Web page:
Good Charlotte

When POLLSTAR caught up with Joel Madden, frontman for punk band Good Charlotte, the group was in Los Angeles enjoying a rare day off. But to hear him tell it, you’d never know the band’s odyssey into the music business has been anything but glorious.

“It’s been nonstop [touring] for the last three-and-a-half years, 11-and-a-half months out of the year,” Madden told POLLSTAR. “Even in making our record, we didn’t get a break. We chose to do that and it definitely pays off. On the 300-plus shows we play each year, we just love doing it. It never gets old.”

Since hooking up about six years ago, the Maryland-based group, comprising Madden, lead guitarist Benji Madden, bass player Paul Thomas, guitarist Billy Martin and various guest drummers, has toured the States and Europe, including stints on the Vans Warped Tour, opening for No Doubt, Blink-82, and Lit in addition to headlining.

Add to that a regular gig for the Madden brothers hosting MTV’s “All Things Rock,” and platinum status for the band’s second album released in October, Young and the Hopeless, and you get a buzz that keeps on growing.

“When you have something that’s really honest and very real, it seems to affect people in a different way,” Madden said. “We get really passionate fans that feel they know us really well because our songs are honest. They either love it or hate it.”

As far as songwriting influences go, Madden cited Green Day, Beastie Boys, The Cure, Goldfinger, Morrissey, the Smiths, Elvis, and Frank Sinatra as some of the artists he looks up to.

“I really feel that Robert Smith and Morrissey, when they write, … they put it there so naturally, it’s like they’re crying on paper,” he said. “In no way do I feel, lyrically or artistically, anywhere close to that [in my writing], but it definitely influenced me. It’s a little embarrassing because I’m a very honest person. It’s almost like it’s coming from a diary.”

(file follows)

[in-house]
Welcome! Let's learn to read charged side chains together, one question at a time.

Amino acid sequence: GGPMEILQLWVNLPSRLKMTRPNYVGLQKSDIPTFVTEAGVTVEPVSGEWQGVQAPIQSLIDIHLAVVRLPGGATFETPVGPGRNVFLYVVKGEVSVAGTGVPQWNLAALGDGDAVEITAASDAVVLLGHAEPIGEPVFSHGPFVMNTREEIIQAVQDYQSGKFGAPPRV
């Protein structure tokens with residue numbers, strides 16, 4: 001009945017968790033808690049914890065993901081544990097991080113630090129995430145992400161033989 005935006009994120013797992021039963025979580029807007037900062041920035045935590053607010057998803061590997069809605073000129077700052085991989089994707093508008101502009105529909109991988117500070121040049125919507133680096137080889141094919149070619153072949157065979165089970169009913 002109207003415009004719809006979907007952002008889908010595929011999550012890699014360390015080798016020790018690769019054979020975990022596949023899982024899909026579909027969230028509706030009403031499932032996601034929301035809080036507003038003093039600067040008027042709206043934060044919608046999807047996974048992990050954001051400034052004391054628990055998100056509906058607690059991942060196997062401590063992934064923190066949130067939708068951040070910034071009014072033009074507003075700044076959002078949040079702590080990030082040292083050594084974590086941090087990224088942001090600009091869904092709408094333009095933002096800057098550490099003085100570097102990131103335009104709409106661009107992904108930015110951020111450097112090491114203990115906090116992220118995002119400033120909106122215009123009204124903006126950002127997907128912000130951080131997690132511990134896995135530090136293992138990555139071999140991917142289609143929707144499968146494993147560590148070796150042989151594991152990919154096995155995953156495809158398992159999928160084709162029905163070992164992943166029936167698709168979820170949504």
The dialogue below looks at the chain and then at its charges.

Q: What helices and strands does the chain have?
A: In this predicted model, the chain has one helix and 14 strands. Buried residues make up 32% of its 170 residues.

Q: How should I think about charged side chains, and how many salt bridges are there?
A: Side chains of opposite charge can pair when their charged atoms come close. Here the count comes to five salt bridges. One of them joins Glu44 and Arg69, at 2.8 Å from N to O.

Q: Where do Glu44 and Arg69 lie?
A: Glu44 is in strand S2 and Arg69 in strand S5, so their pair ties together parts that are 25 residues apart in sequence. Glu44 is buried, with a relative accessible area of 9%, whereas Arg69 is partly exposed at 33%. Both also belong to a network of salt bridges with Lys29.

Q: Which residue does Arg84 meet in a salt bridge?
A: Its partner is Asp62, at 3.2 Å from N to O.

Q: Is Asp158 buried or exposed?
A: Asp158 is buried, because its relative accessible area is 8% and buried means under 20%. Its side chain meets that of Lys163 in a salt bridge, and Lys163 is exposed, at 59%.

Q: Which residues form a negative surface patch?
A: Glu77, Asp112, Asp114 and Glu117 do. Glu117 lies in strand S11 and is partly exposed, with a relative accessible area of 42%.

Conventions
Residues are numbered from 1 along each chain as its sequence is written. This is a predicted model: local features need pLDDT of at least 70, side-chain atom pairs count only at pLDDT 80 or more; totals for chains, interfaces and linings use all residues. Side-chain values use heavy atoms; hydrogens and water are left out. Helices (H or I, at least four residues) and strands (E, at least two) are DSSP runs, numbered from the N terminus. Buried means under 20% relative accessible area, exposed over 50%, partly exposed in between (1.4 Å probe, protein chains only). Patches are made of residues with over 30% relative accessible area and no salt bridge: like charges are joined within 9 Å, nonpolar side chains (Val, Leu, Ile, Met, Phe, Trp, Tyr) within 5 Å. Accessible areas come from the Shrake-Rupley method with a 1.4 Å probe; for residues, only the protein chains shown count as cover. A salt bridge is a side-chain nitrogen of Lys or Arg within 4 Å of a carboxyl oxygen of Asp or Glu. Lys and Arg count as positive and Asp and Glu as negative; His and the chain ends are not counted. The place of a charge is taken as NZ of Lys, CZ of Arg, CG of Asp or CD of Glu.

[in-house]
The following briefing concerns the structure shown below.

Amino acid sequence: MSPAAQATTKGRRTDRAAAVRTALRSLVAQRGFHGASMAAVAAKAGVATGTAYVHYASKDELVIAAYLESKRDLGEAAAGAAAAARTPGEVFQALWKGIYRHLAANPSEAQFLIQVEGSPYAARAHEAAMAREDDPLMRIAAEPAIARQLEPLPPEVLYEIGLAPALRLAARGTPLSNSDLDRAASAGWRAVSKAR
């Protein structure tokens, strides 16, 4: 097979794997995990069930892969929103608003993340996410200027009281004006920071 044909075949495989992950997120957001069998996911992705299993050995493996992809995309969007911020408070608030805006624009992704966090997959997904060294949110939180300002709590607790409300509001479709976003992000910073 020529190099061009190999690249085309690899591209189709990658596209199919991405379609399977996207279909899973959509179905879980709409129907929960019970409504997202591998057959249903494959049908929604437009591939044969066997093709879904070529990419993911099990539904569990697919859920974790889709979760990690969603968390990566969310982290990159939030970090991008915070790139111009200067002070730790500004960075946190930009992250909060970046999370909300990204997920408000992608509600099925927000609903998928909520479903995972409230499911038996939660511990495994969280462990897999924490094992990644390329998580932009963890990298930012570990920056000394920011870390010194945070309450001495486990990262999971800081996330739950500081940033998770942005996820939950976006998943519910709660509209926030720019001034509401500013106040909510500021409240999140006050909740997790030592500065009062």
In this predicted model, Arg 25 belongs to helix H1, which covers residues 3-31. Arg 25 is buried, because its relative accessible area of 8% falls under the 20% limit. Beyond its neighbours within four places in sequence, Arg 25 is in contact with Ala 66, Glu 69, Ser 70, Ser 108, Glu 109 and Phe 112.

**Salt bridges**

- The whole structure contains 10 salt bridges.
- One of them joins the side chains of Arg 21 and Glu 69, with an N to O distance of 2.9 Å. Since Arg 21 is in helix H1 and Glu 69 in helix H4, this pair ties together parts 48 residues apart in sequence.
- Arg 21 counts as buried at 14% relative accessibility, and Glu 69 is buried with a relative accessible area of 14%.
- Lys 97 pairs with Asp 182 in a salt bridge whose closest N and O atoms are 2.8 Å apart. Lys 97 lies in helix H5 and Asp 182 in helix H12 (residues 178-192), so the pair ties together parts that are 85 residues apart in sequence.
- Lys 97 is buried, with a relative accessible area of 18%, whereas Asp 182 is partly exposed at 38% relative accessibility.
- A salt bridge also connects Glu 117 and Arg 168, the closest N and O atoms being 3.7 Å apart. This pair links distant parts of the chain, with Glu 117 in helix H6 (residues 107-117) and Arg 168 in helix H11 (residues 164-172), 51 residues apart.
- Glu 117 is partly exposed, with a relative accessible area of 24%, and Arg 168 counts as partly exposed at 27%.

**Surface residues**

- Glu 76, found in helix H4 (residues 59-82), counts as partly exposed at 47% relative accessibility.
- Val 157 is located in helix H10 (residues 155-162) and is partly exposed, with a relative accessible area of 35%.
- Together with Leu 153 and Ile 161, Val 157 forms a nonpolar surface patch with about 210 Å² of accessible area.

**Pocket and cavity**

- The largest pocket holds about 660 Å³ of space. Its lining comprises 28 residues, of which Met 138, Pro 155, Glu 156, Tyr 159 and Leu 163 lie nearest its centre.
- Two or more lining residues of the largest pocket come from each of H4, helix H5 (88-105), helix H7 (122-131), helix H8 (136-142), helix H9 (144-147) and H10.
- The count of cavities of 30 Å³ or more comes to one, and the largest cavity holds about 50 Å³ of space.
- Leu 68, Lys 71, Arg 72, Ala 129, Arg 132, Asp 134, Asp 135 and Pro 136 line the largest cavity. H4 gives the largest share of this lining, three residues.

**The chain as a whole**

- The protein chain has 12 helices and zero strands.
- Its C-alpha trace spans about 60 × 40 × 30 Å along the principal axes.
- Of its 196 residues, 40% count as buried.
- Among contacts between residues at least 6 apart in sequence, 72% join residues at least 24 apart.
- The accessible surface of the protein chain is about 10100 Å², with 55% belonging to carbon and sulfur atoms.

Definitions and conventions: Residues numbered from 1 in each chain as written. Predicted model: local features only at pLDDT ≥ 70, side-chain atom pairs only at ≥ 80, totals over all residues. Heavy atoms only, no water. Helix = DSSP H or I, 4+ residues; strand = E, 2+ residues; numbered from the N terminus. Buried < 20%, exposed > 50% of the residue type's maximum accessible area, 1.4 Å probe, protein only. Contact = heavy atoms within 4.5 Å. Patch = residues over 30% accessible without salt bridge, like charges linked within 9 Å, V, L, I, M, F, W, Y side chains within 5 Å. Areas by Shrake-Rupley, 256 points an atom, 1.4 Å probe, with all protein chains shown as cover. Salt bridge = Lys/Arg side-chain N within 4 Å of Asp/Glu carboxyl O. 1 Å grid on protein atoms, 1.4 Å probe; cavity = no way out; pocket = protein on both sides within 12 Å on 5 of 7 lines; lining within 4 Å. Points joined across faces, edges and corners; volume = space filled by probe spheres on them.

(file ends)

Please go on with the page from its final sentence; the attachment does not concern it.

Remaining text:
Behind the Madden brothers’ songwriting, Good Charlotte made a name for itself playing numerous local radio station shows, the HFSFestival in 1998 and 1999, parties and clubs. That eventually led to a meeting with manager Steve Feinberg. He met the band through his partner, Mike Martinovich, who was with Epic Records in Washington, D.C., at the time.

Feinberg, a punk rock lover himself, said he was hooked after hearing the band play to about 19 people in a Maryland bar. Since that time, the band has played from 500-seat clubs in Europe to 10,000-seat arenas in the U.S.

“Catchier punk was really what interested me and I felt that they were that new breed. They have a rapport, even today, with the audience that you just don’t see very often,” Feinberg told POLLSTAR. “I was thoroughly entertained and I loved their music at the same time.

“The beauty of Good Charlotte, especially Benji and Joel, is that unlike other artists who excel at one thing, they’re an entertainment company themselves. I don’t lead them [in their career], we talk and sort of adjust our sights on a regular basis,” he added.

Madden said “When we met Steve, we really just kind of hit it off right way,” Madden said. “We all value the same things. It’s been pretty amazing, we really have a great relationship.”

The band’s European success has been due to the Internet since its self-titled debut album, which has gone gold without a radio hit or top video, was never released there. The current album is scheduled for release in February.

Good Charlotte

“Good Charlotte is very much a live band and they tour over 200 days a year,” Feinberg said. “That’s how they want it. They want to work until they can’t work anymore.

“They’ve truly grown up on the road and in the eye of record labels and industry people; no one seemed to care about the first record except kids. It’s a truly unique experience when you don’t have a hit, but a record label continues to give you money to tour.”

Madden said the band kind of slipped in under the radar.

“With the new record, we got to reintroduce ourselves,” he said. “We’ve always been the band that most people either don’t notice, don’t pay attention to, or they kind of write us off … like, ‘that band, they’ll probably go away.’ We don’t mind being the underdogs.”

Well, the fans are definitely noticing the quintet. Young and the Hopeless was listed at No. 25 on SoundScan’s Top 200 album charts at press time. And the group is far from “going away” with more ambitious tour plans for 2003.

“When we play the sold-out shows in America, we don’t take them for granted. It’s great, but when we go over to Europe, it feels good to prove ourselves again, even to ourselves.”

Good Charlotte will have plenty of opportunities to do just that. The band kicked off the new year touring Japan with New Found Glory. After that, the guys will keep busy with more dates in Europe and the States, and work on songs for the next album.